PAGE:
The line between editorial and advertising

There have been two really interesting examples in the last month of, well, “creative license,” by traditional media players (the LA Times and ESPN.com) who have sold some of their most-valuable editorial real estate as ad space. I think it’s worth bringing up because I have a pretty sizable problem with the practice.

Just yesterday, one of the biggest portals out there on the Web (and, not to mention, part of my daily routine is to check it multiple times during the day) decided to make a pretty crucial decision when it came to ad space. Look at the screen below. everything in the red boxes on the homepage of ESPN.com is an ad from Apple:

Gary Vaynerchuk argues that his biggest issue is how this ad changed the user experience and the ability to find those key headlines. I agree with him (and his thoughts are embedded below): this is a ridiculous change. For me, though, it’s greater than usability (as I tweeted yesterday). By selling that space, it obliterated any integrity that ESPN was holding on to as a breaking news source.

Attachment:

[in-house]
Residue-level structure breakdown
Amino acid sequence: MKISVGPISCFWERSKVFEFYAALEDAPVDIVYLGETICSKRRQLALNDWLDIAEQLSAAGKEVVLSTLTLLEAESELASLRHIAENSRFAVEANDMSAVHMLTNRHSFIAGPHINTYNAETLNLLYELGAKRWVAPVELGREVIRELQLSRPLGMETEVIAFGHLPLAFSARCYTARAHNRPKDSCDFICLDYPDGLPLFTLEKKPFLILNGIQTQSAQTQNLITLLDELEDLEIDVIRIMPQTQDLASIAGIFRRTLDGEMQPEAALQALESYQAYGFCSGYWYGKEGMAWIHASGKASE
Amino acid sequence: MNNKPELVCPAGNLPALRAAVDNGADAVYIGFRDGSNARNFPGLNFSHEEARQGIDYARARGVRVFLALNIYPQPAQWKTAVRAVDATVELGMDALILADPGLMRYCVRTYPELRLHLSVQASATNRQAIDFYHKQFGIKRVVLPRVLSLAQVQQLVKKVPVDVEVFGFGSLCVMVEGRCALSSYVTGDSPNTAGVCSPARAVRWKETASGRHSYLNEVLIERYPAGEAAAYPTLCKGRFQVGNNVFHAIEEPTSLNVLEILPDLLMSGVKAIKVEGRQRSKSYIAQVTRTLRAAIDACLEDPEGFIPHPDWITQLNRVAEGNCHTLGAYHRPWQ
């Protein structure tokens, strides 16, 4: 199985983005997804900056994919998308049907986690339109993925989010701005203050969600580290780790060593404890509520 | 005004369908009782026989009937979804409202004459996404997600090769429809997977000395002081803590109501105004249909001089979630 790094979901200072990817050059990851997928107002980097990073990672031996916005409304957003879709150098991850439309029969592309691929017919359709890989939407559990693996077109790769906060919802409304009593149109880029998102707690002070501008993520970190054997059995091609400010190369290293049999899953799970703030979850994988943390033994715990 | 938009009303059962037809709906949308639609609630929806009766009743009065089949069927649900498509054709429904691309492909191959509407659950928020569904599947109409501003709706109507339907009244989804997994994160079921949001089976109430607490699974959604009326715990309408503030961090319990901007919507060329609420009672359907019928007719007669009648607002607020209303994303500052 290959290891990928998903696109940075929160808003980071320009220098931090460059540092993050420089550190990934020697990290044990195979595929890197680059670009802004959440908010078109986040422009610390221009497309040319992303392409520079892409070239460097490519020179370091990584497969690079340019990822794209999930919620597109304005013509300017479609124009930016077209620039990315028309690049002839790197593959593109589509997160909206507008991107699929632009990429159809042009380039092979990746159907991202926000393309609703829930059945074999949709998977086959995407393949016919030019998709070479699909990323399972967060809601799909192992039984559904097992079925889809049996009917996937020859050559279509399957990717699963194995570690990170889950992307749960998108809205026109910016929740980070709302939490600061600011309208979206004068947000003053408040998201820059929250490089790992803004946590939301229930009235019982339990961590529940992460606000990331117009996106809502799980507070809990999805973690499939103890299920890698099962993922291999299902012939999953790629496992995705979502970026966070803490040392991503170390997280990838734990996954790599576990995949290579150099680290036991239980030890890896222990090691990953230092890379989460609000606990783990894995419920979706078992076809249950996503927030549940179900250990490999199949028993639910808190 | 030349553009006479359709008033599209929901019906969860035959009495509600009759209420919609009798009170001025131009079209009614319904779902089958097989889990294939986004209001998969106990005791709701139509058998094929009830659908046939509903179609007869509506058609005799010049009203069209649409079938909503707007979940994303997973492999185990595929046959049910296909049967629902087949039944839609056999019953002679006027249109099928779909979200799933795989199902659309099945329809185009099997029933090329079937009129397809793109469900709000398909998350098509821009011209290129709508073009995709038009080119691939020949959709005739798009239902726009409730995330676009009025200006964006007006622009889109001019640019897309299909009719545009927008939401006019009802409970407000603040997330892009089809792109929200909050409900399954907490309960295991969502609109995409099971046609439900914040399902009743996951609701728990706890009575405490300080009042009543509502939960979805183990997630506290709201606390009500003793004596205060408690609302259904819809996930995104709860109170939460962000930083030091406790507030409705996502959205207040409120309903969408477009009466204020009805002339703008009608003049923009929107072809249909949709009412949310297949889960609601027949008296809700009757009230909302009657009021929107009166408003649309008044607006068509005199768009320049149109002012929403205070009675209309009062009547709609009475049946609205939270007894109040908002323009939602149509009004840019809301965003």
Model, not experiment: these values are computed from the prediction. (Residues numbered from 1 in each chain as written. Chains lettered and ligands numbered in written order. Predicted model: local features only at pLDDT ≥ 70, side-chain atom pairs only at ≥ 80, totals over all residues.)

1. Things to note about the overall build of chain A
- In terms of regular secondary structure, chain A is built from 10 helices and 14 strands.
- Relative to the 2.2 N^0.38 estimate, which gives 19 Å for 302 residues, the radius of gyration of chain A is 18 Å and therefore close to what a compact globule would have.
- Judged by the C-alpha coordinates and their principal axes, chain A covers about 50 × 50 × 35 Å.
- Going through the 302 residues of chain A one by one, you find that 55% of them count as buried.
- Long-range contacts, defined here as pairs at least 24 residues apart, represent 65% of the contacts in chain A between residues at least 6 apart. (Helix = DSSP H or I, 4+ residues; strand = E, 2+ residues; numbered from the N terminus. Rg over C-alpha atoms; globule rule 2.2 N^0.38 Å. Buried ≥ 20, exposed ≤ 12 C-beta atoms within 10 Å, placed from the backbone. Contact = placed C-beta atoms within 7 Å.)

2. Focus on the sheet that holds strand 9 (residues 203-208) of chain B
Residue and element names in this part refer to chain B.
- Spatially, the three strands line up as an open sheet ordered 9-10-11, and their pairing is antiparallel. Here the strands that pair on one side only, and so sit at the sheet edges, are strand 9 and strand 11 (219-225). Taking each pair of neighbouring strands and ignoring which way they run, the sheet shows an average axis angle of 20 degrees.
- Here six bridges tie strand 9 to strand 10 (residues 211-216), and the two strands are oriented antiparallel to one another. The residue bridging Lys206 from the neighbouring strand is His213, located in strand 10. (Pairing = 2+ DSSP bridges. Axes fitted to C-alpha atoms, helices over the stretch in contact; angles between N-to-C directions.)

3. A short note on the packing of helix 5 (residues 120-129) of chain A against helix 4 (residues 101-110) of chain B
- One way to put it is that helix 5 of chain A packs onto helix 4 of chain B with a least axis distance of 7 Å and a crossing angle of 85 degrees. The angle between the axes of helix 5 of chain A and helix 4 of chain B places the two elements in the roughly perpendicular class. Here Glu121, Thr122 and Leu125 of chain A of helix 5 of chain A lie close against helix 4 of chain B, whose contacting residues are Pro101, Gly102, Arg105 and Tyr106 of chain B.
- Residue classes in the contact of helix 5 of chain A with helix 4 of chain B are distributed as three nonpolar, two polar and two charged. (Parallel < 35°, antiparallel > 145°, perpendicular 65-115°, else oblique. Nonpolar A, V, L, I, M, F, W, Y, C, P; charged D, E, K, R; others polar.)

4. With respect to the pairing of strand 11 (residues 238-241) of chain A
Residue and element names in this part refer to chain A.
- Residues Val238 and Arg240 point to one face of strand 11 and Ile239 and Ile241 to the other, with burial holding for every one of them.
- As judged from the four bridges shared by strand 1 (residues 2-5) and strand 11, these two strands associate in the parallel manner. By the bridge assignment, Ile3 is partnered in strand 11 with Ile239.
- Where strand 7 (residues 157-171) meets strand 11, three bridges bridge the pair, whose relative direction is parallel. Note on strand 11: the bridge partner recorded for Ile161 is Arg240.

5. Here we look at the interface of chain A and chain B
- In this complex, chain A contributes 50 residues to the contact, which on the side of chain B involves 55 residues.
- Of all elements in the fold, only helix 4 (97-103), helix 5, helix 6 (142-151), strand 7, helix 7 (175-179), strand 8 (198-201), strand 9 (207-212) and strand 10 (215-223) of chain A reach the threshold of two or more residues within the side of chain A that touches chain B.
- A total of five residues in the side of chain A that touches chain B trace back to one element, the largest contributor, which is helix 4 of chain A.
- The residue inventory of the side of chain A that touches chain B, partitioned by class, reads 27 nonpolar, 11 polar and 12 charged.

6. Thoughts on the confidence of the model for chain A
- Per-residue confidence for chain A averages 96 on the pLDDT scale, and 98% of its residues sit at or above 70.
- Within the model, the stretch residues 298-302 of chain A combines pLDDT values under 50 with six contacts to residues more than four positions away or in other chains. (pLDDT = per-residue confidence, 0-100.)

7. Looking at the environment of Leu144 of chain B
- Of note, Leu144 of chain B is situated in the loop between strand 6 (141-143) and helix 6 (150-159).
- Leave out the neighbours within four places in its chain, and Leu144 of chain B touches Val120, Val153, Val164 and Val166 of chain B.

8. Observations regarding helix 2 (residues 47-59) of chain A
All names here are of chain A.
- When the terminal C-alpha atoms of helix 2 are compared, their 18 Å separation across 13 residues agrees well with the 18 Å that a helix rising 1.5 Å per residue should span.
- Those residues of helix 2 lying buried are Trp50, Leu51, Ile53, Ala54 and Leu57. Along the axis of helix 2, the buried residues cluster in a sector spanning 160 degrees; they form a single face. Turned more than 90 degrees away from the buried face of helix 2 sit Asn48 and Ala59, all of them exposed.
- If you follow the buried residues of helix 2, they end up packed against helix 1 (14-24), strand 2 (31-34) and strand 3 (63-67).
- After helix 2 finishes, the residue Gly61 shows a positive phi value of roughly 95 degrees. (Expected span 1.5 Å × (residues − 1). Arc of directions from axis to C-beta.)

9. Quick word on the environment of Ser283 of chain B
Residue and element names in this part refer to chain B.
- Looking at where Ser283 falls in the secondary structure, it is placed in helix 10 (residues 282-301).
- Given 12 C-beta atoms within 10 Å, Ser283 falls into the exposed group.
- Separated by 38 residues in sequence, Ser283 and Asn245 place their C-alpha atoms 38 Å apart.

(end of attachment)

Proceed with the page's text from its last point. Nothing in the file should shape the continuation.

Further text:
I think the timing on this is interesting, because just a few weeks ago, the LA Times did a very similar thing. Look at this image of its front page below, that box on the right? A “story” on one of the characters from NBC’s new show, Southland:


That’s even more embarrassing, to me, than the ESPN.com issue (although I disagree with both). Say what you will about ESPN.com, but one of the last remaining nostalgias of newspapers is what it means for a front page story. Even the LAT staff was upset about it.

Has it gotten that bad for traditional media that they are willing to sell that much of their soul? (Sidebar: I very much consider ESPN.com to be a traditional, top-down, non-conversational medium that shouldn’t be called “new” or “social,” since, well, the Internet has been around long enough and the site isn’t *that* social.) The problem for me is that advertisers are getting almost too much say in what the editorial can be. And that’s dangerous because if it keeps going, those who pay will be able to set the agenda, and not public discourse or journalism.

The media isn’t dying, but, I have to say, a few more moves like this across other news sources, and it’ll officially be on life support.

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